Part IV of Banning “Naked” Short Selling in Germany – What it is and Why You Should Care

Early May 19, 2010, the German “authorities” banned naked short-selling of financial institutions, euro debt instruments, and cds’s.For details on what this high-finance heist is and how it will affect the markets, read on.

Part IV

But We’re Talking about Currency Manipulation Here, Not Product Pricing

I used product pricing to demonstrate the difference between command economies and free markets. How does that relate to countries stacking the deck in favor of their currencies? It’s really just the same thing on an even larger scale.

Consider what is moving the euro right now. Two weeks ago, it took $1.30 to buy a euro, and this week that’s down to $1.23. That shift simply reflects the market’s growing belief that the European Union is about to make some very hard choices, and given their record it’s pretty clear they’ll be making the wrong choices. To put it bluntly, people believe that the E.U. will dissolve and the euro will become useless, or that in its desperate attempt to conserve the union the EU will make decisions which will stifle the European economy’s efficiency and competitiveness.

Considering that the German bank has moved to interfere with the free market, I’d say the market has a pretty good point, wouldn’t you? But in taking such action they may actually be sealing the doom of the euro, so the jury’s out on that question in my book. You can expect a continued decline of the euro, only now it may take longer to “find its value.”

Does everybody think the euro will fail? No, of course not. Given a free market, the euro would find its value using supply and demand. That price will reflect that some people think that the euro is circling the drain. They will pay less, and if they are wrong, the people who are right will get more value for their money. Everybody will live and learn-that’s what a free market is all about. The people who are right will, and should, flourish (so they can keep doing right things), while those who are wrong pay for their mistakes and try something else next time.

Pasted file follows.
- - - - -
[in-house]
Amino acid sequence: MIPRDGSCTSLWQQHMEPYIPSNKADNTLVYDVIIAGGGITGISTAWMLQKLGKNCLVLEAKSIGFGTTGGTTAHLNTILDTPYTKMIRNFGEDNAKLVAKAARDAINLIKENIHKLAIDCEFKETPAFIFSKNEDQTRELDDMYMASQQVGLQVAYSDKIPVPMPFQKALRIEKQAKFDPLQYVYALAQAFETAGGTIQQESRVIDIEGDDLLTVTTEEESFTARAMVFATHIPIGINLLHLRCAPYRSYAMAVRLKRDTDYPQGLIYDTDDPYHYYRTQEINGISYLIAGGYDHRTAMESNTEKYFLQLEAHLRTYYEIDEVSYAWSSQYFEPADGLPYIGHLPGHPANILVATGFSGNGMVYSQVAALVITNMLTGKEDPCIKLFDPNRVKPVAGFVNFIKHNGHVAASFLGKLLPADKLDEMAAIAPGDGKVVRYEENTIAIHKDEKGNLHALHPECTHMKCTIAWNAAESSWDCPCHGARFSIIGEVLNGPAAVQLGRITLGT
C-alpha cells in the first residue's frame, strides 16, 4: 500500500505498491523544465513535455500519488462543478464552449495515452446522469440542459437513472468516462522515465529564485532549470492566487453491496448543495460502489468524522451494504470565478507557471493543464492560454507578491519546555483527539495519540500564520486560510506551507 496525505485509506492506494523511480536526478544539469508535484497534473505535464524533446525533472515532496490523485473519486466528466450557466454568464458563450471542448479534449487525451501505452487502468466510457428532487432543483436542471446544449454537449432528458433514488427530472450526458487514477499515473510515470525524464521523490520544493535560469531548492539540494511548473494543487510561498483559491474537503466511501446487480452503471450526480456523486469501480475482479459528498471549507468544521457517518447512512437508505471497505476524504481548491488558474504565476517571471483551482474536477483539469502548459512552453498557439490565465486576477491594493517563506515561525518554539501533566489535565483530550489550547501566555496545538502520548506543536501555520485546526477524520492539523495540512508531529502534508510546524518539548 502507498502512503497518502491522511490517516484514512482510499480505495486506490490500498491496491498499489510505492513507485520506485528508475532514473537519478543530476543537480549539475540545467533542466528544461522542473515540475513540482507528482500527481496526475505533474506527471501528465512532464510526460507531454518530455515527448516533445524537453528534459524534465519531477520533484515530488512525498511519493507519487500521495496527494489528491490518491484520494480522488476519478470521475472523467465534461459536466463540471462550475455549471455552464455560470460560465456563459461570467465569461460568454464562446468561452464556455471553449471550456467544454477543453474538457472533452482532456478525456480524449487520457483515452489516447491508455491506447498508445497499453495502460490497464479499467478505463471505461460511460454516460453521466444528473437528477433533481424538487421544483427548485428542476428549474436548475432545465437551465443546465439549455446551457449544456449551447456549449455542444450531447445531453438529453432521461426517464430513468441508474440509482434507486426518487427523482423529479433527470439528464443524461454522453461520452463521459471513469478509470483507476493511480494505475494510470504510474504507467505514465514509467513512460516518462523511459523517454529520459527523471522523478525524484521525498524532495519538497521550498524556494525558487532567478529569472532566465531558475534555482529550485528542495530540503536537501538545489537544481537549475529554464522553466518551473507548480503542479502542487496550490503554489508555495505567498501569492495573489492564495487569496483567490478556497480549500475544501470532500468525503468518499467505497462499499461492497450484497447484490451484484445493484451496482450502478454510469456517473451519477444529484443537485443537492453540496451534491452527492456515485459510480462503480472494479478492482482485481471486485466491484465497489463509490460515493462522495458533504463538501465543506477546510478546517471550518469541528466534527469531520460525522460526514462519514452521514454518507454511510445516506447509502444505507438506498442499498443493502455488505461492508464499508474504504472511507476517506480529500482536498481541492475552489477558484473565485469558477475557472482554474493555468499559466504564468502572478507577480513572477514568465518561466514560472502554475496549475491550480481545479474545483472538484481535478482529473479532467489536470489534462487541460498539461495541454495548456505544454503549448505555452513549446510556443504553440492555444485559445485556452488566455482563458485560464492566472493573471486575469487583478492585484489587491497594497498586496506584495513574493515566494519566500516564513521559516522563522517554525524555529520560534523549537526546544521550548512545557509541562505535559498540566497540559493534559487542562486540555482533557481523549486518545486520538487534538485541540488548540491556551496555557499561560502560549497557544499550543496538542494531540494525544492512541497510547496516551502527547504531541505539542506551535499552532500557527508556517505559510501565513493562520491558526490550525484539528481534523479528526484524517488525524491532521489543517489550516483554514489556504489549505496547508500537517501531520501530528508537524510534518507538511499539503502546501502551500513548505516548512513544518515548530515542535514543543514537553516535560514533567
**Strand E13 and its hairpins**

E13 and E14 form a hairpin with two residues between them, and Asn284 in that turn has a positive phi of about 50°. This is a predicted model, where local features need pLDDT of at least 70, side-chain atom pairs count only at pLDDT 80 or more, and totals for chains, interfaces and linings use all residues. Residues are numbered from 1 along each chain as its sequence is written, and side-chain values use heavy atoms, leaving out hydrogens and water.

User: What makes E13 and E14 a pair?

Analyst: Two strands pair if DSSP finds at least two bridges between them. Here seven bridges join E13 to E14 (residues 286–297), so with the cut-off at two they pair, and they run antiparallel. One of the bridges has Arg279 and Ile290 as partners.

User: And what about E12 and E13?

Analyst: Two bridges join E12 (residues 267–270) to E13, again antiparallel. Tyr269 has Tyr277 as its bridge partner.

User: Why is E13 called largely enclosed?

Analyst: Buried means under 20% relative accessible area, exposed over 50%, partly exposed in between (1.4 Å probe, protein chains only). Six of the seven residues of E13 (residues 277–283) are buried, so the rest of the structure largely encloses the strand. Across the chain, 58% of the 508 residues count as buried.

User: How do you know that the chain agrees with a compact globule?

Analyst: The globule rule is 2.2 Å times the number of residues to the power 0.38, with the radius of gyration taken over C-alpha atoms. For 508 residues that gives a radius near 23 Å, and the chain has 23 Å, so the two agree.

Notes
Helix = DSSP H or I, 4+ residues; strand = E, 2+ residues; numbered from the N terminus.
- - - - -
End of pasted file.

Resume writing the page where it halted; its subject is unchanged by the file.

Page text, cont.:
Now that the EU has started down the road to a command economy, they will attract less international capital. Companies with a choice will not send their money where it can get trapped, and people will likewise be loath to invest in an economy where the currency may not reflect its actual value. That’s too risky. People within the economy, not trusting the currency to retain its value, will tend to spend more (on items of certain value) and will save and invest less. They will buy things like gold which have more reliable monetary value. Probably there will be an erosion of trust in government and a commensurate rise in black market activity.

And on the grand scale, money will flow to economies which are freer and more dependable. So far, that has included a flight to the dollar and the U.S. economy, but the time is coming when people will see that the dollar is trapped in the same dynamic. The “exit” sign is marked in gold.

Leave a Reply

Your email address will not be published. Required fields are marked *